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Malaysia’s Air Defence Artillery Group (GAPU)

The Army’s Air Defence Artillery Group (GAPU) may be a small force but it plays a very large role in providing a protective umbrella to the military on the ground, important locations and strategic targets in the country.

The four-regiment GAPU combines armaments such as anti-aircraft guns and five types of low-level missile systems. A sub-unit is also deployed along with 10 Para Brigade and is  armed with shoulder-launched missiles to provide air defence protection to the rapid deployment team.

GAPU has high-tech assets when it operates the VERA-E remote-controlled passive surveillance radar system made by the Czech firm Omnipol with a range of up to 450 kilometers (km). The VERA-E system purchased in 2007 acts as an early warning that is capable of sniffing any movement in the country’s airspace. The same radar was also operated by the Vietnamese army.

VERA-E Passive Surveillance Radar

In modern conflict, the function of the air defence force is critical, which is to defend the country’s airspace and repel enemy air attacks so that the ground defence is not easily destroyed.

During Gulf War I, an early morning air strike by U.S.-led allied forces on January 17, 1991 that rocked the city of Baghdad was greeted with barrage of gunfire by Iraqi military air defence units.

Operation Desert Storm took another  dimension when it witnessed the world’s most powerful air power clash with a country that had an air defence system previously said to be the most cohesive.

Despite being hit hard, Iraq, which has about 10,000 different types of anti-aircraft weapons, as well as 154 Russian and European-made air defence missile launch systems, was able to provide fierce resistance at the start of the attack. However, Iraq is unable to repel hundreds of airstrikes because existing systems were developed to curb threats that can be expected, for example from Israel or Iran.

Only after Iraq’s air defence control base was crippled, then the country’s airspace could be easily controlled and further intensify ground attacks. Following the Scud missile attacks launched by Iraq against Saudi Arabia and Israel during the Gulf War, the two countries strengthened their respective airspace defences.

The Israeli defence industry is actively developing the country’s air protection system to adapt to the threats it faces. Thus, a barrage of rocket attacks retaliated by firing of Israel’s air defence system in the dark of night during the 11-day Hamas-Israel conflict last week shows how air space defence system plays a role.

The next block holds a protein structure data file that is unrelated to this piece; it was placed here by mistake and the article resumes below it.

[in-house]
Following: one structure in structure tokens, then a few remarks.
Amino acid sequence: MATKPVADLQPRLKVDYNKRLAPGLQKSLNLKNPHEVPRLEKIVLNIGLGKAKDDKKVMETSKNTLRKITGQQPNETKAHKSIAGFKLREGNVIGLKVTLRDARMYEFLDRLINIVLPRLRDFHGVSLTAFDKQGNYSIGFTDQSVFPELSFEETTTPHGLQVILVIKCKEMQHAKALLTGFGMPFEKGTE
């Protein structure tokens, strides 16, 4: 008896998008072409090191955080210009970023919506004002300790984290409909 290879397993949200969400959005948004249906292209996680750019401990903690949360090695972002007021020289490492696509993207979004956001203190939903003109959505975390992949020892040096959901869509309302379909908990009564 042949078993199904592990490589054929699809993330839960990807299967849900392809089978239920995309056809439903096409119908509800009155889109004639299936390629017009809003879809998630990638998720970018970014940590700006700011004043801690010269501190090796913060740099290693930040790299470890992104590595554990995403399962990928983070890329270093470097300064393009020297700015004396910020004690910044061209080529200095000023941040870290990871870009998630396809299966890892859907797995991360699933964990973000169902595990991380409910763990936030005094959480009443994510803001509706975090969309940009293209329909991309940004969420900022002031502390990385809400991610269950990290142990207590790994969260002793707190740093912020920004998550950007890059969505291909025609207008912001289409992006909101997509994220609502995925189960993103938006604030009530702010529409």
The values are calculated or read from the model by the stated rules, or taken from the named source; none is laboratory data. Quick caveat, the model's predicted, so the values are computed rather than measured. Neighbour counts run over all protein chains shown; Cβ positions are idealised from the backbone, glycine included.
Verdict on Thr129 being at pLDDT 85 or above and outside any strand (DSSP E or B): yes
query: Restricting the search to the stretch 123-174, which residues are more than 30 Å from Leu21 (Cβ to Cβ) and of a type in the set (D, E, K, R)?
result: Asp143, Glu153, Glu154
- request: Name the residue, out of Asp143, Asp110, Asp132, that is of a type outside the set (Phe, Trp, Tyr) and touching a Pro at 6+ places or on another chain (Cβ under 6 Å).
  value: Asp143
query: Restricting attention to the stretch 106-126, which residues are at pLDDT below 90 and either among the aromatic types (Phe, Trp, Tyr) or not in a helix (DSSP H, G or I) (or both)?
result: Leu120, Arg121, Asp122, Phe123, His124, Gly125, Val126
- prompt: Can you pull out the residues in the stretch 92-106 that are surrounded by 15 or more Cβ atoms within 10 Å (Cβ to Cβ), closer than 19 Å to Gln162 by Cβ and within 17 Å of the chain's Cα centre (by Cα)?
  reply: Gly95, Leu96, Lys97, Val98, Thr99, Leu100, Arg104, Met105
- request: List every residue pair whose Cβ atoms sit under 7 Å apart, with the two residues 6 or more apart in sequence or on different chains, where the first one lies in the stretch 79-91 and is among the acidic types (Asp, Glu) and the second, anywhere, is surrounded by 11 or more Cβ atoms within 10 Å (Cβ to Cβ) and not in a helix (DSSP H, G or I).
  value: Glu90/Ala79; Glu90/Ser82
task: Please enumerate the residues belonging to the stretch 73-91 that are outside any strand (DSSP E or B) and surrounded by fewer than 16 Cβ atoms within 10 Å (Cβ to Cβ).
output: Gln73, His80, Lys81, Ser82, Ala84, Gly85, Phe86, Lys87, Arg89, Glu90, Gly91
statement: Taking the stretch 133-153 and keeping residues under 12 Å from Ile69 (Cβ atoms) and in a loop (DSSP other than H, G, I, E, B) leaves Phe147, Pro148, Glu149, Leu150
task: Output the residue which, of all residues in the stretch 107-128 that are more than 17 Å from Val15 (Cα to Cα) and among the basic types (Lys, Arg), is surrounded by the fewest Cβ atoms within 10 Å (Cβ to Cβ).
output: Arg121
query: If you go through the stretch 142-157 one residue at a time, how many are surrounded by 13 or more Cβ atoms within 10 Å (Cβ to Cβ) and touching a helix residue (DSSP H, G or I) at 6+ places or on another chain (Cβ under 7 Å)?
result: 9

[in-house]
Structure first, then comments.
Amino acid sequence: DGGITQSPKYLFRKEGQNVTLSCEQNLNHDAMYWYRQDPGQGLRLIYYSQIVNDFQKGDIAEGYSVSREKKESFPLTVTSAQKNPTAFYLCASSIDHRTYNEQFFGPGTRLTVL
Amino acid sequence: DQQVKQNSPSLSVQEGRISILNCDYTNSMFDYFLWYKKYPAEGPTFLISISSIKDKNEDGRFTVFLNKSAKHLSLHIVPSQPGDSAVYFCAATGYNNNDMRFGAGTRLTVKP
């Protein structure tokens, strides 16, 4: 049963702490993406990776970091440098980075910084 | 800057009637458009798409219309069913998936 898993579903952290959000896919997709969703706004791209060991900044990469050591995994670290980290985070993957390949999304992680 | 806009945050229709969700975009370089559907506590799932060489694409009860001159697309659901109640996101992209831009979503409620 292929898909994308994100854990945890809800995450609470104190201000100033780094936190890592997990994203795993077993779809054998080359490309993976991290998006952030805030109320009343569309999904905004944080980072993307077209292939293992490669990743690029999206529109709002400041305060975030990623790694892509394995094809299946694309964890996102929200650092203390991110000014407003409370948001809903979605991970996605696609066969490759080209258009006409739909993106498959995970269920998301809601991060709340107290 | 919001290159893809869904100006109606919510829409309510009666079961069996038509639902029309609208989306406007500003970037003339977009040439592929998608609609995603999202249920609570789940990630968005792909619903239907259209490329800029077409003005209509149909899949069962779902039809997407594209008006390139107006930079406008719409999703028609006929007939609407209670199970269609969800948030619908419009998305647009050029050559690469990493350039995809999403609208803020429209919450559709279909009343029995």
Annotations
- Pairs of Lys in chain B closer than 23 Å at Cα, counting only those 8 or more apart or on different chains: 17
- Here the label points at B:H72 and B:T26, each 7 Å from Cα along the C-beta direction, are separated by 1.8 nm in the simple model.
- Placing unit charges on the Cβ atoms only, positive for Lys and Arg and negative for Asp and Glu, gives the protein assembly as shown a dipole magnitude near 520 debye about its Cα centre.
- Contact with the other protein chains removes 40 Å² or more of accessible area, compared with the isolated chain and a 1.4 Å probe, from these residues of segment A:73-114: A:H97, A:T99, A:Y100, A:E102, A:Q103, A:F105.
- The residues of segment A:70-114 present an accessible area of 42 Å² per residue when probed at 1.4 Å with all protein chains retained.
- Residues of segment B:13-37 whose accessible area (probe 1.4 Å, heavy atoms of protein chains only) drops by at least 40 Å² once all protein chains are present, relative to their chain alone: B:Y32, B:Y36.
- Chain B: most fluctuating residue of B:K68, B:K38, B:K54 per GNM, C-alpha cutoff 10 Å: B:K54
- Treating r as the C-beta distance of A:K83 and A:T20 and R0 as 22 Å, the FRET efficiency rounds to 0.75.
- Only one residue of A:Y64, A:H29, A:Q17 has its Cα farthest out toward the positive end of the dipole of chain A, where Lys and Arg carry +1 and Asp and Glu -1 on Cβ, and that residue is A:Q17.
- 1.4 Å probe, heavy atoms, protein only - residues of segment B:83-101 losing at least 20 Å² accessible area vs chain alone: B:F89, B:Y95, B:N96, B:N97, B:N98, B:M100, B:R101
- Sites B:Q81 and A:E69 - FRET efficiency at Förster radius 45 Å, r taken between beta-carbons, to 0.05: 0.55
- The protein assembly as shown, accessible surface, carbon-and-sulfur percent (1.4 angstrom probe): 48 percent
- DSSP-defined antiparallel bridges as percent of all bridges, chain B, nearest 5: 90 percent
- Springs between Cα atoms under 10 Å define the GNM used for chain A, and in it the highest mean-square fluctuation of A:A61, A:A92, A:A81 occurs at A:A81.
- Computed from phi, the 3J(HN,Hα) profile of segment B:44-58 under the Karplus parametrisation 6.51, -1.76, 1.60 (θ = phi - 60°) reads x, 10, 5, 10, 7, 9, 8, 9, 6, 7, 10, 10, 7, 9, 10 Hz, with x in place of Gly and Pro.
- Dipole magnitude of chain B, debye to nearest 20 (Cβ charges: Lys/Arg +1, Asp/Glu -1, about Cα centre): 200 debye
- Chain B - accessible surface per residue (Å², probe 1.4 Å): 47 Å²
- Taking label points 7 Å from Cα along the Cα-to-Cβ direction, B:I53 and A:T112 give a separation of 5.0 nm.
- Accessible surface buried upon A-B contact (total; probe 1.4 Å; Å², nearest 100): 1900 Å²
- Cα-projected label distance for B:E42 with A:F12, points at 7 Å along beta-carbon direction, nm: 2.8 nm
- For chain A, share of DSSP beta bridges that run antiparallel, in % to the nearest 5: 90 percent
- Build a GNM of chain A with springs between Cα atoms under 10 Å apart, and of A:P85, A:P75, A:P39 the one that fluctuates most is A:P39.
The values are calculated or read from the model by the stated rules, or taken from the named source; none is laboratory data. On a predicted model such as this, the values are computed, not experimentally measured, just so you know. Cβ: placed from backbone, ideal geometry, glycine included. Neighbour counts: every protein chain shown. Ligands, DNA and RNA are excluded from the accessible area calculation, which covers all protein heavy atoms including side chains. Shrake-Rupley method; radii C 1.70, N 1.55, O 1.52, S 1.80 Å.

The defensive capability of the Iron Dome or Israel’s iron dome has been questioned by some. However, it is still recognized as one of the best air defence systems.

In fact, not all countries have the technology to develop such defence systems despite the huge expences.

This is because the Iron Dome developed by the firm Rafael Advance Defense Systems was first used in 2011 to repel the rocket fire is part of Israel’s layered air defence system.

The Tamir missile in the Iron Dome can repel rockets or missiles launched at a range of four to 70km.

Neighbouring Singapore, for example, is applying a highly sophisticated layered air defence system in addition to upgrading existing armaments in line with technological changes to protect the island nation.

Singapore’s ASTER 30 missile system

Last year Singapore received the Aster 30 missile system to enhance its medium -level air defence capability to repel air threats up to a range of 70km.

Although modern war theory today no longer associates the party that can control airspace to the successful and subsequent win in the war on land, the importance of having good air defence is still needed.

The Israeli defence industry is actively developing the country’s air protection system.

  • Article written by Zaki Salleh, a defence analyst who has been writing in this field for the past 23 years.
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